- Pay gap widened between oil CEOs and their workers last year, even after bailouts and layoffs
Plastic doesn’t have to exist.
Powerful people within fossil fuel and petrochemical companies decide to produce single use plastics, meaning they can also decide not to produce them.
The leftover bi-products from fossil fuel processing that get turned into plastic could be disposed of in a more responsible way. They don’t have to be made into earth polluting single use plastics.
1. How Big Oil is Using Toxic Chemicals as a Lifeline – and How We Can Stop It | Earthjustice
Recycling is not a solution to plastic waste.
In 2020 NPR and PBS Frontline investigated the plastic recycling "industry". The findings concluded producers of plastic basically invented the “idea” of plastic recycling so they could continue to sell more plastic.
Of all the single use plastic that’s made, a very miniscule amount actually gets recycled. 90-91% of the plastic we use everyday and put into collection bins, is not recycled.
You may diligently put your yogurt cups and laundry detergent jugs into your blue bin, then roll it out to the curb every other week to be collected– but again, this doesn’t mean your plastic is being recycled.
Most likely your plastic discards are going to
A. the local landfill in Arlington, Oregon.
B. to a waste station where it's sorted, baled and shipped to another country…and then landfilled.
Image: Nita Blake-Persen
That is, if the country it ends up in is fortunate enough to have a municipal/formally established landfill. Otherwise plastic waste ends up in the ocean/local habitat/village streets. Or it’s burned resulting in air pollution that causes respiratory problems for locals who didn’t produce the plastic waste in the first place.
- Waste Land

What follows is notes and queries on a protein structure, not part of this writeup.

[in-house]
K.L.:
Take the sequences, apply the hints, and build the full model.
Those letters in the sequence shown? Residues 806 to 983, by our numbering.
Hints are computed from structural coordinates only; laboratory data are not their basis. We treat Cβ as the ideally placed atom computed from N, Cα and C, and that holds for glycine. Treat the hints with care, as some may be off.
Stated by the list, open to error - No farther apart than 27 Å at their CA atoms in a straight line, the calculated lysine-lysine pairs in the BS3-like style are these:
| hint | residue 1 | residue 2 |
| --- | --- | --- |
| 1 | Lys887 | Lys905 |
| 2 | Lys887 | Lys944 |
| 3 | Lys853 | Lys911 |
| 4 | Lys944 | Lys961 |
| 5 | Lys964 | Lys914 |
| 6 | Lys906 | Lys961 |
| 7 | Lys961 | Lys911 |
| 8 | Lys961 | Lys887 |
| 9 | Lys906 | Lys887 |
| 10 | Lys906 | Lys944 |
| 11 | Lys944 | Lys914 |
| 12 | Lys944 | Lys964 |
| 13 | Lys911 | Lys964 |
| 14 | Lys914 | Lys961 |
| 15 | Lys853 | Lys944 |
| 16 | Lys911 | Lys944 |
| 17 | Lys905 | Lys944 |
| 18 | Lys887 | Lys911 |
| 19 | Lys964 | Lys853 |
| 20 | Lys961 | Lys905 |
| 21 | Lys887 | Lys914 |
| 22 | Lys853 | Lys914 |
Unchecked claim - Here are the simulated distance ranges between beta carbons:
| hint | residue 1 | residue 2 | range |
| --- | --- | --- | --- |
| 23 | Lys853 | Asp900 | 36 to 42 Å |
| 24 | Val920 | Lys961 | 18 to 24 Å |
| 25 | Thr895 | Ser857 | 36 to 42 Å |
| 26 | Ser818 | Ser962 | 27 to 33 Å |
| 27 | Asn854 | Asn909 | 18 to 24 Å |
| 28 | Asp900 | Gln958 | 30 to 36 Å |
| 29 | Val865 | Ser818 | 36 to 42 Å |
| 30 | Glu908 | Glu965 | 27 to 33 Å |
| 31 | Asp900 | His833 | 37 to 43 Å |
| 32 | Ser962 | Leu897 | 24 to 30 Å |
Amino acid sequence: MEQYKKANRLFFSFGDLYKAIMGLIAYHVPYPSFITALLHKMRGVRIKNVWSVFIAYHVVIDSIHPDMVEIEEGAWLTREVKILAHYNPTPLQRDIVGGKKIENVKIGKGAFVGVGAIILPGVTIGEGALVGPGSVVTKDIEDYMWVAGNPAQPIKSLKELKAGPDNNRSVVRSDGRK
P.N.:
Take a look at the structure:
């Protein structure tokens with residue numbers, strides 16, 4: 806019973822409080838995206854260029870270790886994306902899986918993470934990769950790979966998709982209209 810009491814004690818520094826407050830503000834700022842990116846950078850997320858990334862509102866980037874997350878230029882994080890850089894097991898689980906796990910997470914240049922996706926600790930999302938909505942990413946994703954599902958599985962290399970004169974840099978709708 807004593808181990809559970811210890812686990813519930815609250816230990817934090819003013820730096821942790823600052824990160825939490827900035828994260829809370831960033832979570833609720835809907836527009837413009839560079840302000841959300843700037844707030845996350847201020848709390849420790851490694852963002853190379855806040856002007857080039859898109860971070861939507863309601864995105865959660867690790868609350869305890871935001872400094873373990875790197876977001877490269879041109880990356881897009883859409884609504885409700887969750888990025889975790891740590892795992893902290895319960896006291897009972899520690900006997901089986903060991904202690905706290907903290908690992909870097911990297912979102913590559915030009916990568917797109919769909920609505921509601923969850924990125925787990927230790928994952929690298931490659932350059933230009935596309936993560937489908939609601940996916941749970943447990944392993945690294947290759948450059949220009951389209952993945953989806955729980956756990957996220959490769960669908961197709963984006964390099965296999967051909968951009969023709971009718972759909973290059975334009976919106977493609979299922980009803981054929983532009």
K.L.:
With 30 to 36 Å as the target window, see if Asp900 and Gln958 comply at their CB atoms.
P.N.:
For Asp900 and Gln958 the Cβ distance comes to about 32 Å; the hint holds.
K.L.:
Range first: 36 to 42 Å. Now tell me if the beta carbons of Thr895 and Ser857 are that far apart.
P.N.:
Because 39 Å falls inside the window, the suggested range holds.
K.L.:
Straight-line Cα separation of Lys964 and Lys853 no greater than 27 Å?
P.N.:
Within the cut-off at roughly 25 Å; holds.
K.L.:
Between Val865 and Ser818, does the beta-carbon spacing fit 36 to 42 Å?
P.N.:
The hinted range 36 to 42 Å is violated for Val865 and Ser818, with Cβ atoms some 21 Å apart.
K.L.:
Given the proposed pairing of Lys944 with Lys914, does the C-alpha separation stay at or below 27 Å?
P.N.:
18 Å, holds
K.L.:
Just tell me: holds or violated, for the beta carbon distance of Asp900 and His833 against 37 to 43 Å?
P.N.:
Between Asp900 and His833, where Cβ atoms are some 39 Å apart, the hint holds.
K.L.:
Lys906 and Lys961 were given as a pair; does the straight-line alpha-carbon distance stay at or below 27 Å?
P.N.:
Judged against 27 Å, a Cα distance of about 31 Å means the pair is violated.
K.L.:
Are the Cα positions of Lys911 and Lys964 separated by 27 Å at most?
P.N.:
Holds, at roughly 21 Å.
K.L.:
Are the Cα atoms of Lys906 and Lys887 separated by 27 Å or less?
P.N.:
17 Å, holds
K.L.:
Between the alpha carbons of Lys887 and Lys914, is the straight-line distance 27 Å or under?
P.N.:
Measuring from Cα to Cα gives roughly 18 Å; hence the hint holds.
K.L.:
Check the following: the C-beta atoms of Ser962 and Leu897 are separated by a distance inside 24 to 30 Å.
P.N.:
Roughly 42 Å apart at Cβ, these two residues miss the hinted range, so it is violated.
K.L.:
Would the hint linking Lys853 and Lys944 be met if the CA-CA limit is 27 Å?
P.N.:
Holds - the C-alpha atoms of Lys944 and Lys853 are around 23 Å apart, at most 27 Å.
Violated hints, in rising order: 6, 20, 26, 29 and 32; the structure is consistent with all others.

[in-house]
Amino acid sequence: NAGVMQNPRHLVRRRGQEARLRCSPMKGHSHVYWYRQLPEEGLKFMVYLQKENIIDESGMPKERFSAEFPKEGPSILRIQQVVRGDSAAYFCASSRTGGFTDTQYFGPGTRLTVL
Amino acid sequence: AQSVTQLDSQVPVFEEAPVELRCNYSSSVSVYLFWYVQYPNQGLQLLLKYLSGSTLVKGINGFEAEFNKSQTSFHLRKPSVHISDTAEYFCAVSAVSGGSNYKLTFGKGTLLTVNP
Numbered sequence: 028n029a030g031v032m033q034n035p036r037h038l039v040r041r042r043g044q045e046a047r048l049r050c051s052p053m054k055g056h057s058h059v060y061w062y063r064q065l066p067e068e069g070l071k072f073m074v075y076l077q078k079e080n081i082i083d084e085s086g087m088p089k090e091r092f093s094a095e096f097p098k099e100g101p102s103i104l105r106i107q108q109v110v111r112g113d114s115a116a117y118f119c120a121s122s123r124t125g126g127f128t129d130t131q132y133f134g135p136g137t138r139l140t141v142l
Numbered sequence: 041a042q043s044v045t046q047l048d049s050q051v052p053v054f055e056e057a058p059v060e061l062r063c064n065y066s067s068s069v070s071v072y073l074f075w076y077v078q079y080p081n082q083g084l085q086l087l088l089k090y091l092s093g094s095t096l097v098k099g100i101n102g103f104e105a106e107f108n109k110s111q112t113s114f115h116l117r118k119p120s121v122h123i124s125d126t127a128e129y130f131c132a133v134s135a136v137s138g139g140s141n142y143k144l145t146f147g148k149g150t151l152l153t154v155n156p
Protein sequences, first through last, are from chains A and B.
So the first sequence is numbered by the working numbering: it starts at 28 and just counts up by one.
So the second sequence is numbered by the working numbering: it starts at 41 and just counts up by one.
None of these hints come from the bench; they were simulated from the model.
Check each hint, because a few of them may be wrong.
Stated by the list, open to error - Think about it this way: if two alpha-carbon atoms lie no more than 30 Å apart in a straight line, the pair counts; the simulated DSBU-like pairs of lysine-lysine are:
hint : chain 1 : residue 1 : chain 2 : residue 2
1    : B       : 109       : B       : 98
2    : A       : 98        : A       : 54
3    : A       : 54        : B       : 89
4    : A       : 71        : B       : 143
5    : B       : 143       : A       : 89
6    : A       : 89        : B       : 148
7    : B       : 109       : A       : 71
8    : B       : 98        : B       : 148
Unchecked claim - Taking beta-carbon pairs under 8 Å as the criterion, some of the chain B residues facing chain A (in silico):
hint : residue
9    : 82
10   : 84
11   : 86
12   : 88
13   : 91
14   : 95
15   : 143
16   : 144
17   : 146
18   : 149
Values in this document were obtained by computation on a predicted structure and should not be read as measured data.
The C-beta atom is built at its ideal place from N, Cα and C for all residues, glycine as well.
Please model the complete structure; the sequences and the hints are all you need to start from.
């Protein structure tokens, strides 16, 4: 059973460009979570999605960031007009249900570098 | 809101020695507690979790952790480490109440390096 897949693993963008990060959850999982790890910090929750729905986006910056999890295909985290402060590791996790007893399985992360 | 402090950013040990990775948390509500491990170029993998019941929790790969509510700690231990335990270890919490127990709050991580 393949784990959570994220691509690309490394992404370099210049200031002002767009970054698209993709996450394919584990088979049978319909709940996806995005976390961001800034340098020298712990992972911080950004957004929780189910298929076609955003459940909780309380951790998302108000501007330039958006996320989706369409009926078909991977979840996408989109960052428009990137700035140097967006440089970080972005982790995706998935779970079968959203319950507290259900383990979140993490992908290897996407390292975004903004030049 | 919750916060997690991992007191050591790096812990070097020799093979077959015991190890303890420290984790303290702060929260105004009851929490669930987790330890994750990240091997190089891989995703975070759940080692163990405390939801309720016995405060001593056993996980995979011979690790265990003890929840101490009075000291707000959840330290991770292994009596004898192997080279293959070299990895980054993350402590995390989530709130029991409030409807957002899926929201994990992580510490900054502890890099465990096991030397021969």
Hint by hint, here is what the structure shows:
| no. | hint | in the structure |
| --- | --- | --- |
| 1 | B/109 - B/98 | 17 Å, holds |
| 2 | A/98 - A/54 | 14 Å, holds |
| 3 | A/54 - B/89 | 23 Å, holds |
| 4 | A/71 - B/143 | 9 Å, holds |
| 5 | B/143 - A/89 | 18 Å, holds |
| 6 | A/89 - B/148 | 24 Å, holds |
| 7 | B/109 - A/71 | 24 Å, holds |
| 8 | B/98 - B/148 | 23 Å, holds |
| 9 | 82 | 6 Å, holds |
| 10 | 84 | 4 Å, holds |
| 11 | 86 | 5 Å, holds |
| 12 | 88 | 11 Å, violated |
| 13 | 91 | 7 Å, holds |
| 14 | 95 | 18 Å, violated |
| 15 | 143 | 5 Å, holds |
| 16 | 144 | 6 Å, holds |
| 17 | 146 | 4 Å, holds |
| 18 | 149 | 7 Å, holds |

- Plastic Wars: Industry Spent Millions Selling Recycling — To Sell More Plastic
- No 'Away': Why is the US Still Offshoring Plastic Waste Around the World? — Plastic Pollution Coalition
- A whopping 91% of plastic isn't recycled
You and I pay for the hidden costs of plastic.
Plastic makes products appear cheap at the register, but you and I pay a hefty price for plastic through hidden or indirect costs. Some examples are:
- taxes and fees for waste management services. Again, we the people pay to dispose of all the plastic that a very small group of people are getting inordinately rich from.
- Our tax dollars subsidize the fossil fuel industries, the same industries that are destroying our planet and causing immense suffering from widespread climate disasters.
- We pay for plastic with our health. We drink water, eat food and breathe air full of toxins and microplastics from plastic manufacturing, products and waste.
You and I can influence the necessary change that needs to happen.
The oil and petrochemical companies that produce plastic exist to make money. Every day, executives leading these industries strategize how to increase profits. They have millions of dollars for marketing and PR to mislead and misinform the public.
The good news is, as consumers, we are not powerless. By reducing single-use plastic from our lives and adopting low-waste lifestyles, we too can use our money to stop plastic production. We can also contact our politicians at all levels of government and demand they create policies that curb the fossil fuel industry’s power. In fact, this is already happening all over the world.
In upcoming post, I will share information about actions you can take to be part of the solution to our plastic crisis. Stay tuned!
Disclosure Statement: Transparency is my responsibility to you. The purpose of this blog is education. At the same time, I am a business owner and will occasionally promote the products I sell. I do this to generate profit for Utility and to provide local, plastic free, healthy, environmentally responsible product options. As consumers we wield a lot of power in how we decide to spend our money. I want to help you garner that power so together we can protect our health, nature and society.